Spirited Perahia Recital Shows Maturity—and Speed

United StatesUnited States Bach, Haydn, Beethoven, Franck, Chopin: Murray Perahia (piano), Carnegie Hall, New York City. 1.4.2015 (BH)

Bach: French Suite No. 6 in E Major, BWV 817 (ca. 1722-1725)
Haydn: Sonata in A-flat Major, Hob. XVI:46 (ca. 1767-1770)
Beethoven: Piano Sonata No. 26 in E-flat Major, Op. 81A, “Les adieux” (1809-1810)
Franck: Prelude, Chorale, and Fugue, Op. 21 (1884)
Chopin: Scherzo No. 1 in B Minor, Op. 20 (ca. 1835)


At the close of this Carnegie Hall recital by eminent pianist Murray Perahia, the friend with me said, “It makes me so happy—he’s having such a good time.” Her assessment was accurate, and the audience apparently agreed with her, though attention to a few other matters would have made an even more satisfying evening. In Bach’s Sixth French Suite, poise coupled with firm accents made every moment glisten. But too-rapid tempi in some of the faster dances (like the Courante) reduced potential excitement to a blur.

Perahia coaxed out all the wit in Haydn’s Sonata in A-flat-major, with well-conceived contrasts. Carefully shaped phrases, especially the endings, helped make this closer to high drama. The beautiful second movement was deliberate, forthright—no schmaltz—coupled with appealing clarity. But the final Presto suffered again from excess speed, though the loss of articulation was offset by genuine sparkle. 

More successful was Beethoven’s “Les adieux” sonata, beginning with a carefully done, pensive opening movement, notable for firmly planted dotted rhythms and again, an appealing sense of theatricality. The brief Andante was also thoughtfully executed, even majestic, before the pianist plunged into the final movement’s upward flights spanning the keyboard. Here the haste resulted in a few note errors, though the dynamics span was impressive.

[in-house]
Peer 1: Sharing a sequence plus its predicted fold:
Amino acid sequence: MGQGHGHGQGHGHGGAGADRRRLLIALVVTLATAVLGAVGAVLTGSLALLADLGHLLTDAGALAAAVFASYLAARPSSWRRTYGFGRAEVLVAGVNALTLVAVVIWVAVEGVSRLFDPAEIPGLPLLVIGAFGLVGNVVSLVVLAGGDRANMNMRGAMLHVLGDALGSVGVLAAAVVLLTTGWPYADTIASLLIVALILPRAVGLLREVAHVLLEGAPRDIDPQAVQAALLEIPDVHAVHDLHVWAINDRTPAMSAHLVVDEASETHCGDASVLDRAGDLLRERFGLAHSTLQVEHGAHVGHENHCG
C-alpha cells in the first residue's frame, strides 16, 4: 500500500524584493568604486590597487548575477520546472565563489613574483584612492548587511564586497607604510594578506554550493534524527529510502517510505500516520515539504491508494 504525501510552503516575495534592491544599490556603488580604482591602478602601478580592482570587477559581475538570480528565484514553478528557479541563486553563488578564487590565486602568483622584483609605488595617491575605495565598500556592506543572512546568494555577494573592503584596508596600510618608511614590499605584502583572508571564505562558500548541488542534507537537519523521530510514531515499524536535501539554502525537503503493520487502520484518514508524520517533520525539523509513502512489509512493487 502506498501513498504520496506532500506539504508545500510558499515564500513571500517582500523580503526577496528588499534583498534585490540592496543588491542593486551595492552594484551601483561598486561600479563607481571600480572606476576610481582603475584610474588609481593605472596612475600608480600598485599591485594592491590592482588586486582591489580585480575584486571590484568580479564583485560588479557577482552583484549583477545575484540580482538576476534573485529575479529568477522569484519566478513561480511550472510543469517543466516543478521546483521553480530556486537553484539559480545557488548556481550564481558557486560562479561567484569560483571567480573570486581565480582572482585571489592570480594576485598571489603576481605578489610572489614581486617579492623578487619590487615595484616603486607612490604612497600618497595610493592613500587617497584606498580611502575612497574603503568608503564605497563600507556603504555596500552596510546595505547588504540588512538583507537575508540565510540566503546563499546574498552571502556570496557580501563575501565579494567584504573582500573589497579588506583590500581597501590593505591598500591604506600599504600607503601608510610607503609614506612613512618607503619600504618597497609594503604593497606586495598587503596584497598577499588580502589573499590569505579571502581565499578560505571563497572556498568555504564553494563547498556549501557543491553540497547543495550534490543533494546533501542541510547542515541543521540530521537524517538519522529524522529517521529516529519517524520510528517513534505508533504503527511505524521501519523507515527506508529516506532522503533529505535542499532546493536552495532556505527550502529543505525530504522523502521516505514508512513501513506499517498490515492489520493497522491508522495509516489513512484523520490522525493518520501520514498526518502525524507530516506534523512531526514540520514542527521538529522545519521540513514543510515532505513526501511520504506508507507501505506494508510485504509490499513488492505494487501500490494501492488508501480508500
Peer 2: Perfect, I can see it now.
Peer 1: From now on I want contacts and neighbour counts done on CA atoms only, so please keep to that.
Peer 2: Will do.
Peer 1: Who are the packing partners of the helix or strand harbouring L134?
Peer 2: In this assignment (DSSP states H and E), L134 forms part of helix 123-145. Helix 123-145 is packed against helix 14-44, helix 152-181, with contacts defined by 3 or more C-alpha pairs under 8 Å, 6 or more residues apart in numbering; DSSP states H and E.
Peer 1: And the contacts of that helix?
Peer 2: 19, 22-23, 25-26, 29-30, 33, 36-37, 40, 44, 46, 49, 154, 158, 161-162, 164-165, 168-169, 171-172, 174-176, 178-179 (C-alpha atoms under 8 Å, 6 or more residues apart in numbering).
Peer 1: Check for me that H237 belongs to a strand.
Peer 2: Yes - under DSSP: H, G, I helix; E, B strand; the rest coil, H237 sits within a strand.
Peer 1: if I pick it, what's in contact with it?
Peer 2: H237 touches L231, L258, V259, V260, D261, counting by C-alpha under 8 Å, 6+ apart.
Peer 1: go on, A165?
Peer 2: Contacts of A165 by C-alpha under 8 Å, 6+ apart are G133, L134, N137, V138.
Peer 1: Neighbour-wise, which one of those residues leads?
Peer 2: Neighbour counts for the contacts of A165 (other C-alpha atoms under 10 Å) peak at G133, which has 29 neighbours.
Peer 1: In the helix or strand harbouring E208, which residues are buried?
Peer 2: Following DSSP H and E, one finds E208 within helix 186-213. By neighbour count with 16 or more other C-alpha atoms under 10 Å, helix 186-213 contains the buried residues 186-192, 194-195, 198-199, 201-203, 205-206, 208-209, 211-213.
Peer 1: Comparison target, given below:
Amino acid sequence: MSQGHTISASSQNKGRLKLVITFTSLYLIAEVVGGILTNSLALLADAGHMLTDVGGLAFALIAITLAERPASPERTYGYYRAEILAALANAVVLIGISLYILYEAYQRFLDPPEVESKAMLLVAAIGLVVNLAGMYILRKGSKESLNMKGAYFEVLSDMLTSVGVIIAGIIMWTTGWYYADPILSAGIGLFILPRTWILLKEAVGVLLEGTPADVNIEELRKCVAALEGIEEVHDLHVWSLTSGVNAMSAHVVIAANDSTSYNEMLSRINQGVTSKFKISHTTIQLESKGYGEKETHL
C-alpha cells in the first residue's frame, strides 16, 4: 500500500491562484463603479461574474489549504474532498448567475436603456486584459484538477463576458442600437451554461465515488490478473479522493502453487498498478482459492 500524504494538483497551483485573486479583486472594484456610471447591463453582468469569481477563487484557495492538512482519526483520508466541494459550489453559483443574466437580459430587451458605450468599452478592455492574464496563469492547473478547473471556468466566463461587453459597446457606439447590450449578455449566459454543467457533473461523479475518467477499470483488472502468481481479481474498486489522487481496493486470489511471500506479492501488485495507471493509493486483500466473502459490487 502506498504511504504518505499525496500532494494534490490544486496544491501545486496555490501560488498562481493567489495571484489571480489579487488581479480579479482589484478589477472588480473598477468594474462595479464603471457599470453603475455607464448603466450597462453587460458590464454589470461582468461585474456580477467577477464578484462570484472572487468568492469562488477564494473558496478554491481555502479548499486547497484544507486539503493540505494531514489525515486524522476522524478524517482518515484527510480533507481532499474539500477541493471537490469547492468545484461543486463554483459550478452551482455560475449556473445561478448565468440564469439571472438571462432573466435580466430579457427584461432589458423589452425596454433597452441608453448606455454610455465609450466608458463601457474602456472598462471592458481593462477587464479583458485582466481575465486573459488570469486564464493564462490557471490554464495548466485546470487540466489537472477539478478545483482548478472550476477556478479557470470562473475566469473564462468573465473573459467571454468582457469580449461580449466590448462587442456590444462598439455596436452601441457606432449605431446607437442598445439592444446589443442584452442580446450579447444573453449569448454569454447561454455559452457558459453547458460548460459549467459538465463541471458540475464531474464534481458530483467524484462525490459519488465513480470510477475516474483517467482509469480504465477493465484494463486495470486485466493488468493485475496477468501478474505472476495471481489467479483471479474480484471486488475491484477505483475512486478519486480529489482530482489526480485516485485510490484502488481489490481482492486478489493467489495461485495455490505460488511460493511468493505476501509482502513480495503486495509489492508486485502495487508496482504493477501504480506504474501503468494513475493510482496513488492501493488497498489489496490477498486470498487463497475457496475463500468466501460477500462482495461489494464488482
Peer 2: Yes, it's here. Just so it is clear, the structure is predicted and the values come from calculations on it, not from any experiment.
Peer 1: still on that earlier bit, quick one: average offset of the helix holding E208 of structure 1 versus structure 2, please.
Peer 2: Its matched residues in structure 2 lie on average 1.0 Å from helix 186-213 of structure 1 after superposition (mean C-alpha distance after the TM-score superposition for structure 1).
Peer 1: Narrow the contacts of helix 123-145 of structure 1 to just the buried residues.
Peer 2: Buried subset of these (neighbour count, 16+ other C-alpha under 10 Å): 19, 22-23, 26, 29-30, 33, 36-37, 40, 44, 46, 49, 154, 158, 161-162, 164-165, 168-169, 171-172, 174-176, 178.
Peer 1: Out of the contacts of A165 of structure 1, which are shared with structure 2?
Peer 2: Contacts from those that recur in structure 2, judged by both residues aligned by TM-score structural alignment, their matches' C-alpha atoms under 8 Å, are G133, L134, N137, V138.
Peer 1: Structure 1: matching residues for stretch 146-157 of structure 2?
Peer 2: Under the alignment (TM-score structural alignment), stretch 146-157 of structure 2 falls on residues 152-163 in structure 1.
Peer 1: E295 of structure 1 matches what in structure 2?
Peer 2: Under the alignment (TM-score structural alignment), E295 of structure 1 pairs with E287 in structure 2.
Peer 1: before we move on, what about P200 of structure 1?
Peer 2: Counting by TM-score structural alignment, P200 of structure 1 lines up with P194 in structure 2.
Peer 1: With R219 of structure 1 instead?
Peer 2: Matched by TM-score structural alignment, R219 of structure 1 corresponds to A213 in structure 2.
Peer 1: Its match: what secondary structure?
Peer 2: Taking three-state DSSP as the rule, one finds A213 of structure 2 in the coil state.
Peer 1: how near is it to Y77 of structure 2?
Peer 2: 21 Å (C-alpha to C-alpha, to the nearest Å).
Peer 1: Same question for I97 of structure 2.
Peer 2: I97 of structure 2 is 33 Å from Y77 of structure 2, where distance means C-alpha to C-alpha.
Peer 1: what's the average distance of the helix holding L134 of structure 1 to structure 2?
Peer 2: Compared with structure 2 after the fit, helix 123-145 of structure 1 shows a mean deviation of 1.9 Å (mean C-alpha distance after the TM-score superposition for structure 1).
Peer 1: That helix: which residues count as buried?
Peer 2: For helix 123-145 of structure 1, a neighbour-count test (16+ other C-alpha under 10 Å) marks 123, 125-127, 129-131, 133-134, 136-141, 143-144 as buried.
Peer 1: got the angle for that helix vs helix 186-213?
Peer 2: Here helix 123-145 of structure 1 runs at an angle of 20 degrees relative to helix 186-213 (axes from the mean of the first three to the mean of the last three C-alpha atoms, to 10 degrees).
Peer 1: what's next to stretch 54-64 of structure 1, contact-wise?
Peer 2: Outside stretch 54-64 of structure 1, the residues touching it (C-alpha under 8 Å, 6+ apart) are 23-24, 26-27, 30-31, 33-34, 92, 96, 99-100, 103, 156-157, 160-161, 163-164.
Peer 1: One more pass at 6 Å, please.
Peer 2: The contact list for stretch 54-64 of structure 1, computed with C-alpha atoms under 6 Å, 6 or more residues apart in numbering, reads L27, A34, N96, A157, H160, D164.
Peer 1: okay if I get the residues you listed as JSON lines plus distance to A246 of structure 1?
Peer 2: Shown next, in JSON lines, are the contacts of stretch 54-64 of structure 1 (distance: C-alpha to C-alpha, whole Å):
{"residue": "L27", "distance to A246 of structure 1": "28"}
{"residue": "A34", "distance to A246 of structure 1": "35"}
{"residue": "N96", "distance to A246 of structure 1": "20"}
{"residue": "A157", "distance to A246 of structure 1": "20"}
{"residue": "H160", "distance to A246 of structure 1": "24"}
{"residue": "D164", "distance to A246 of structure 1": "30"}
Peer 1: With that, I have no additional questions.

If I didn’t quite warm up to Franck’s Prelude, Chorale, and Fugue (Op. 21) as a piece, Perahia’s fluidity and intensity offset what would surely have been turgid in other hands. Textural care—impressive rumbling in the piano’s lower register—evoked the composer’s love of the pipe organ, and Perahia was at his best in the granitic fugue. And Chopin’s Scherzo No. 1 in B Minor—though again on the frantic side—was affecting overall, especially the gentler middle interlude. 

For his first encore, and some of the finest playing of the night, Perahia chose Chopin’s Nocturne in F Major, Op. 15, No. 1, followed by a galloping “Traumes Wirren” (“Dream’s Confusions”) from Schumann’s Fantasiestücke.


Bruce Hodges




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